- Wedding bell and allocation of roles: In the fourth observation the bell calls people to the wedding celebration which is the climax of the happy love affair, after which it makes place for family life. The stanza continues by describing a traditional family, with the man going out into a hostile world while at home the virtuous housewife prevails.
Starting the casting: First a short prayer is recited and then a small amount of metal is poured into a depression in a warm rock. When it has cooled it is broken apart and the size of the jagged teeth at the fractured surface reveals whether the melting process has come to an end or not. If they are too short, copper has to be added, if they are too long, tin. In order to guide the metal into the form, cone shaped pins are pushed in. The hole thus created lets the melt stream out, first into a curved trough and then into the bell form.
- Fire alarm bell: the fifth observation is about how erratic happiness is. Beginning with the fire that causes the metals to melt, Schiller also describes its destructive power in a very dynamic series of descriptions: “roof beams collapse, pillars crash down, windows shatter, children wail, mothers dash around in panic… everyone runs, rescues, flees.”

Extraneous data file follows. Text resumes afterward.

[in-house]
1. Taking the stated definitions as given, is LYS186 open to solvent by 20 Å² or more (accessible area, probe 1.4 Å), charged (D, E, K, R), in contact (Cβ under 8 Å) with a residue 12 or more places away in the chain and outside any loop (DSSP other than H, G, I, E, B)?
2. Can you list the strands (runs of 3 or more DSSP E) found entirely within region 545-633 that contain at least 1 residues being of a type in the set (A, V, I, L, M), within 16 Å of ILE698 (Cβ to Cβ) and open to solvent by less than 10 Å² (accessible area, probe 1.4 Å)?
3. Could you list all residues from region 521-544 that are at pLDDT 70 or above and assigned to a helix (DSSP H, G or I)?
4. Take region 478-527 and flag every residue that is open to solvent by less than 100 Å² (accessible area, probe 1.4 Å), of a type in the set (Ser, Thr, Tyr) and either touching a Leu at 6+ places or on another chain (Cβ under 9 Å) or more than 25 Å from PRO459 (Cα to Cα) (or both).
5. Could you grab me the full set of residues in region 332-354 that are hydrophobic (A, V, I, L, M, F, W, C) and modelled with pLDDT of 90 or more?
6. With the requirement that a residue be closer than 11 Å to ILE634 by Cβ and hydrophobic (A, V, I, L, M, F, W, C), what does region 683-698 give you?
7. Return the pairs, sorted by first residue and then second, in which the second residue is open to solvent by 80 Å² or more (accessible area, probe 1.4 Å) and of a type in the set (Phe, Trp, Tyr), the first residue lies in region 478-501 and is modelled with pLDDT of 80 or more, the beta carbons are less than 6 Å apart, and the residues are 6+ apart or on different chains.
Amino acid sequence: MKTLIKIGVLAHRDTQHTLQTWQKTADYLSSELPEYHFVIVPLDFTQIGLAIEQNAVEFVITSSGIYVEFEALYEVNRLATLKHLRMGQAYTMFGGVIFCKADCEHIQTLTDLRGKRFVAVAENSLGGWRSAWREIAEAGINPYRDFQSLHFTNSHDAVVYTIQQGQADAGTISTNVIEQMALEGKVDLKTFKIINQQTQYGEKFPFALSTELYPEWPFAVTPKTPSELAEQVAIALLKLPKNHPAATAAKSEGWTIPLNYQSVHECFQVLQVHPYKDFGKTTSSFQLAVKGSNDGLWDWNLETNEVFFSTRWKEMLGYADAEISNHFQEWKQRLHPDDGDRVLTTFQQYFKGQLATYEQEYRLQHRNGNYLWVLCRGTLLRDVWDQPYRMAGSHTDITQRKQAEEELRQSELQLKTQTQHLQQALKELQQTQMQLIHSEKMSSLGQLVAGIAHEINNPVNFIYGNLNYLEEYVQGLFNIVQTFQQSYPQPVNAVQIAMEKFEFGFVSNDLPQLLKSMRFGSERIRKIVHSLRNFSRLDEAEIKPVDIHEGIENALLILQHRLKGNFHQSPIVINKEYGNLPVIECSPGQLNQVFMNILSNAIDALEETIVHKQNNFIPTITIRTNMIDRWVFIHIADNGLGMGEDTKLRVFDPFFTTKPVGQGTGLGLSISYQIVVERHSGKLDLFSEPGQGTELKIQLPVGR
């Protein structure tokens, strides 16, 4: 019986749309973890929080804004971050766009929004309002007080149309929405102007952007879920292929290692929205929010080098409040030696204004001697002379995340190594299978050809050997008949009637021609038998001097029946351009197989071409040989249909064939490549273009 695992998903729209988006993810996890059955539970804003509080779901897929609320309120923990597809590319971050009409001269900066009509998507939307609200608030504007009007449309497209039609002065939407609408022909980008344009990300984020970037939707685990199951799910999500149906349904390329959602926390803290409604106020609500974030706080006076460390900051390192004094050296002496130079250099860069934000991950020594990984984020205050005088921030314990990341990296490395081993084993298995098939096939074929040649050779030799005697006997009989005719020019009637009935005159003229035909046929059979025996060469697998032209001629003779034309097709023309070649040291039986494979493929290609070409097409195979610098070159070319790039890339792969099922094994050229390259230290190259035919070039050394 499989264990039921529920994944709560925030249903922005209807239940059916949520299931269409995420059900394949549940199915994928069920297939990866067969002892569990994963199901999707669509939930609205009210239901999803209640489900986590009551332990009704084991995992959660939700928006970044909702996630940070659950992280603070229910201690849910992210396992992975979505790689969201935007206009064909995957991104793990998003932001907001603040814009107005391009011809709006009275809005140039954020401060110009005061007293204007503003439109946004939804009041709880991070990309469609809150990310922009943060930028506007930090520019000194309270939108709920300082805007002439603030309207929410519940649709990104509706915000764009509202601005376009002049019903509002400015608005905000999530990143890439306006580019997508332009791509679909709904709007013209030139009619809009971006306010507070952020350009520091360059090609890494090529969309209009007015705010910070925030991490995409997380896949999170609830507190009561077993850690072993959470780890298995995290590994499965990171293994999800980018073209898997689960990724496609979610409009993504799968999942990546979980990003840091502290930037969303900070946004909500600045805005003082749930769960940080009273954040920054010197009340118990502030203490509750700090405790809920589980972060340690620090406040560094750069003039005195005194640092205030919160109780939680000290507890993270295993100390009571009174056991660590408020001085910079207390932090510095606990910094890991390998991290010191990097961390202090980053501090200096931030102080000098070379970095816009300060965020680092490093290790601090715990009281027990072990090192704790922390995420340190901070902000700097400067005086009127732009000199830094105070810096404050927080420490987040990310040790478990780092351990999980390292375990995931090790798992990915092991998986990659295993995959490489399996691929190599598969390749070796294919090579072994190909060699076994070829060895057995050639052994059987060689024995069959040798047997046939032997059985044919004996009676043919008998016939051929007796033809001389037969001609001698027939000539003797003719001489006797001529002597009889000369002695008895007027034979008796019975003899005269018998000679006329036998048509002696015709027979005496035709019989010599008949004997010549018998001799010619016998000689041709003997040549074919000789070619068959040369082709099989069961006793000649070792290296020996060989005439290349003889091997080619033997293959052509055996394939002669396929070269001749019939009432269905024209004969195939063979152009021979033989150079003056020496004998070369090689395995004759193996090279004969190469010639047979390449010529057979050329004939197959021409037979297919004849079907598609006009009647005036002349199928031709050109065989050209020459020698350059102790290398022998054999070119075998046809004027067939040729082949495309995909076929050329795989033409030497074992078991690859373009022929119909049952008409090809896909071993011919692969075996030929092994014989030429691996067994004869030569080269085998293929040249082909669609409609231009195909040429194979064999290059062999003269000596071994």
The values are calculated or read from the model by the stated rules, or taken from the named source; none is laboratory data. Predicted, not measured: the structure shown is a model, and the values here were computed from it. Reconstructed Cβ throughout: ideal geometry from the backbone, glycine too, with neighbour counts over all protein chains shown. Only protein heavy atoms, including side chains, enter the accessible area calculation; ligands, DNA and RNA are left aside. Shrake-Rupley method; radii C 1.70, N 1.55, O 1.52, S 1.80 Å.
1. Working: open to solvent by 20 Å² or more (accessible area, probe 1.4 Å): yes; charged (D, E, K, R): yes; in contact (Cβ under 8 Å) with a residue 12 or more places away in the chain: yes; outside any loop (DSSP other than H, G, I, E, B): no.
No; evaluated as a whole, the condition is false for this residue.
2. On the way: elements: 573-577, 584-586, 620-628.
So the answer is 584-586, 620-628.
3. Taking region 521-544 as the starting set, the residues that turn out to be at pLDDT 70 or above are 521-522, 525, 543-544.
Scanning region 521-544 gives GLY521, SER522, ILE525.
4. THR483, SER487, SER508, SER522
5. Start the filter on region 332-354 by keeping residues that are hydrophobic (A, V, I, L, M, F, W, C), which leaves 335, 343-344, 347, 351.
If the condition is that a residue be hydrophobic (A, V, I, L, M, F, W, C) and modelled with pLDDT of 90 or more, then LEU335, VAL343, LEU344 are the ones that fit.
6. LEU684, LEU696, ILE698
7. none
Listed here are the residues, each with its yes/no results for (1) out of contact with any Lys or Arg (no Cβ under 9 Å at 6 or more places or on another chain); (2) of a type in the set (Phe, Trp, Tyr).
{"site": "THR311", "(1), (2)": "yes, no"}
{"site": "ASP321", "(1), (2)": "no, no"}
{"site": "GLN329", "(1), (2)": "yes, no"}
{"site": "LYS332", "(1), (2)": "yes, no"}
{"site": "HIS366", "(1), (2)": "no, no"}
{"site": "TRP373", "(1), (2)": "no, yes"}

Filling the bell form: The form has been filled with the melt, now one has to wait to find out whether the work is well done. The master craftsman cannot yet rejoice because he does not know if the casting was successful.
- Death knell upon the decease of the woman: Just as the master entrusts his cast to the earth, so the peasant entrusts his seedlings to the earth, and so the dead are put into the ground, so that they can rise from the dead in the hereafter. The bell now has an earnest purpose and tolls in accompaniment to a funeral. In Goethe’s Epilogue on Schiller’s Bell (Epilog zu Schillers Glocke) the motif of the death knell is picked up and applied to Schiller’s own death.